mercoledì 6 luglio 2016

Hutton's Unconformity at Siccar Point - Contiene Video


Hutton's Unconformity is any of various famous geological sites in Scotland. These are places identified by 18th-century Scottish geologist James Hutton as an unconformity, which provided evidence for his Plutonist theories of uniformitarianism and about the age of the Earth.


Geological time - Geology at Siccar Point 

Chris Wilson: 
There are some special places where the immensity of geological time becomes clear and this is arguably the most special of those special places. It's Siccar Point on the south coast of the Firth of Forth in Scotland. And it's here where the concept of an unconformity was first discussed and described. What is unconformity? Well it's a junction between two groups of rocks that are completely different in character and age. Let's work out way through this one now. 

The older rocks at this junction are these. They're grey rocks that were deposited deep in an ocean and they've been tilted now so that the original horizontal layers are standing up on end and here they meet the younger groups of rocks. The younger groups of rocks are red, much sandier, slightly tilted and the junction between the two couldn't be clearer. And there are fragments up here within the beds of the younger ones. Why is Siccar so special? 
Because it's here that unconformities were discovered by James Hutton at the end of the 18th century. Now Hutton was a fantastic scientist. He was the father of modern geology. He did 'an Einstein 'on the subject, he solved a problem before anybody else knew there was a problem there. And he came here with a group of friends to show them the immensity of what he discovered and the account they wrote of the visit was 'electric', and I want to read part of it to you now. "We made for a high rocky point or headland, the Siccar. On landing at this point we found that we'd actually trode on the primeval rock. It is here a micaceous in beds nearly vertical, highly indurated, and stretching from south east to North West. The surface of this rock runs with a moderate ascent from the level of low water at which we'd landed, to that of high water where the schistus has a thin covering of red horizontal sandstone laid over it.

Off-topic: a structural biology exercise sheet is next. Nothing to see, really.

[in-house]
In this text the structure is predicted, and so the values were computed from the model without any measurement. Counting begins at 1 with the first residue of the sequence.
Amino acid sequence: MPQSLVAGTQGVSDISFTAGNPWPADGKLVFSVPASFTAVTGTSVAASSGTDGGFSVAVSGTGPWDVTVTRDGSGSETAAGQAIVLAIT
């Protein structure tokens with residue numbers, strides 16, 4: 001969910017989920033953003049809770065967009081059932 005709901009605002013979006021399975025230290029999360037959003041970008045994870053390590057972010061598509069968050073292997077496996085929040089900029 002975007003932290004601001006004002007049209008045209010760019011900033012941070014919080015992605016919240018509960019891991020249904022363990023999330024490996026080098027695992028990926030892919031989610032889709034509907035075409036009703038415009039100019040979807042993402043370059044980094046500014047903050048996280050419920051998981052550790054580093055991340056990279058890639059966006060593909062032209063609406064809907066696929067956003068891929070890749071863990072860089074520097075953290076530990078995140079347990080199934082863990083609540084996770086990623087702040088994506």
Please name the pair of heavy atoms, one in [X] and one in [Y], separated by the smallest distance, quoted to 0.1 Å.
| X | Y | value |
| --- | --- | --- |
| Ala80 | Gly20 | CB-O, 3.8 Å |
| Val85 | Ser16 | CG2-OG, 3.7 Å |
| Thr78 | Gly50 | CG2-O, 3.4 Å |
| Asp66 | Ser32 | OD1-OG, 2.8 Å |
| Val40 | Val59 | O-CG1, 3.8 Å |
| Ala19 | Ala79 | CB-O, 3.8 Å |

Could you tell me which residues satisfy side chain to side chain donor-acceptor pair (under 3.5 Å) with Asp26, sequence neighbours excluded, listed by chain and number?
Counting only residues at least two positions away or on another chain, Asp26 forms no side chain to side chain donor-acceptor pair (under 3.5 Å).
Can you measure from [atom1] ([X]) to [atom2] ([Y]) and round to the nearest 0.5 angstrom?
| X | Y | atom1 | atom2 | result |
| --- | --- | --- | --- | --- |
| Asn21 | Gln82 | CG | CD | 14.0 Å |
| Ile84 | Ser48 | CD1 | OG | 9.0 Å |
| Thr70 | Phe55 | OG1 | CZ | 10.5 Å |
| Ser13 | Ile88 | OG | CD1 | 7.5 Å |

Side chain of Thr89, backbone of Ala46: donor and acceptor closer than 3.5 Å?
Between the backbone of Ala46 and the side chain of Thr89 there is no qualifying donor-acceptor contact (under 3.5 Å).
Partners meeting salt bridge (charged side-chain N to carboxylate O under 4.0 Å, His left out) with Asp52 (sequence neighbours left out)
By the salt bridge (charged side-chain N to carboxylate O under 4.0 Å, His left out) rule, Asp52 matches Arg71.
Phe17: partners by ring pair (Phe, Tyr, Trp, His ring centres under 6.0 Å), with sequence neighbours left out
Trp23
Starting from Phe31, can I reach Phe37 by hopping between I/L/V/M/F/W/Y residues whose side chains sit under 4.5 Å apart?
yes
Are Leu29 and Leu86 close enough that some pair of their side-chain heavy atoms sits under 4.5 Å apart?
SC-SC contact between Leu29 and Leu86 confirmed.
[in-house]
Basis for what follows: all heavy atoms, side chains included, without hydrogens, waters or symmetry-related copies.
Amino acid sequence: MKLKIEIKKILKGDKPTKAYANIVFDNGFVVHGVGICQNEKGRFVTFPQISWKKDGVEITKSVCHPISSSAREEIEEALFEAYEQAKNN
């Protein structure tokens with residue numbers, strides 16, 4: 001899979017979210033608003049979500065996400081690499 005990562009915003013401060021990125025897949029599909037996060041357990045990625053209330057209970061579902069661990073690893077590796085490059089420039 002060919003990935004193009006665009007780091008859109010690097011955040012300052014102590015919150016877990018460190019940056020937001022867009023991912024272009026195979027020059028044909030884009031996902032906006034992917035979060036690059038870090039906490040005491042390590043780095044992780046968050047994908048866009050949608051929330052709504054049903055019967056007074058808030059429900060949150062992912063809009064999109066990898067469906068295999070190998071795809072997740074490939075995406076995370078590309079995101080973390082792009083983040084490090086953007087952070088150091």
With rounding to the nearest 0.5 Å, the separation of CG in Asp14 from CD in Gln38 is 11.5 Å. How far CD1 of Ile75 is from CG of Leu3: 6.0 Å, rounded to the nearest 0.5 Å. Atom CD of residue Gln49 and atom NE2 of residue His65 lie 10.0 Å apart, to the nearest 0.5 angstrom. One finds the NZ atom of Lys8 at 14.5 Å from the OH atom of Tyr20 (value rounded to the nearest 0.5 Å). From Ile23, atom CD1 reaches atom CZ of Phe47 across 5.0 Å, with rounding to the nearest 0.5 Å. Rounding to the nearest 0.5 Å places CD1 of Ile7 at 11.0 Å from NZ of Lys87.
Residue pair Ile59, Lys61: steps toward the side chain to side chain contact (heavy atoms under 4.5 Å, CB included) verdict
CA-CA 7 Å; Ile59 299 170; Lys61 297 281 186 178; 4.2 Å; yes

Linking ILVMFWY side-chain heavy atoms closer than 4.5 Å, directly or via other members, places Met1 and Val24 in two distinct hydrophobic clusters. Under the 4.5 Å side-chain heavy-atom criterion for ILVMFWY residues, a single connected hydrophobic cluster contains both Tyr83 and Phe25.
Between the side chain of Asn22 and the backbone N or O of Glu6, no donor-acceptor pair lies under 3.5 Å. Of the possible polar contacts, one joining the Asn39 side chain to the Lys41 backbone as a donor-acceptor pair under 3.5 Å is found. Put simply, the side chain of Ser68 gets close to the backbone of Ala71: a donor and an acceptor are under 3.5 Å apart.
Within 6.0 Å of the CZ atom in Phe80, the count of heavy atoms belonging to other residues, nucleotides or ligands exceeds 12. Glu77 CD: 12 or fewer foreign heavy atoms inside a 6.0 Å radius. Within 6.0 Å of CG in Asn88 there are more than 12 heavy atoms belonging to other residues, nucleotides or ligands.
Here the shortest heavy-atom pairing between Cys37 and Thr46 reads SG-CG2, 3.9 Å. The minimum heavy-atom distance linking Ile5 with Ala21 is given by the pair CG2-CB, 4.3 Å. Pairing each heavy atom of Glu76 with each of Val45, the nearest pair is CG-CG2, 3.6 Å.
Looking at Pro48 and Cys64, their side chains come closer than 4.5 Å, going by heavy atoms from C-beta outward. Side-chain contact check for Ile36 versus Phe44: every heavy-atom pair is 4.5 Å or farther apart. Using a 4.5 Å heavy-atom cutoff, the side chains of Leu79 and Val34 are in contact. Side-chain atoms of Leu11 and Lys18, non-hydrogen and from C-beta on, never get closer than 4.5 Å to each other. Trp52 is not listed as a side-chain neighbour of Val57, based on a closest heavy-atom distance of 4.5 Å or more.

This sandstone, a few yards further back, rises into a very high perpendicular cliff. Here, therefore, the immediate contact of the two rocks is not only visible but is curiously dissected and laid open by the action of the waves. The rugged tops of the schistus are seen penetrating into the horizontal beds of sandstone, and the lowest of these last form a breccia containing fragments of schistus, some round and others angular." Or Hutton was highly pleased. On those of us who saw this phenomena for the first time the impression made will not easily be forgotten. We felt ourselves necessarily carried back to time when the schistus on which we stood was yet at the bottom of the sea standing upright in vertical beds. And the sandstone was only beginning to be deposited. An epocha even more remote presented it'self when the most ancient of these rocks lay at the bottom of the sea and was not yet disturbed.

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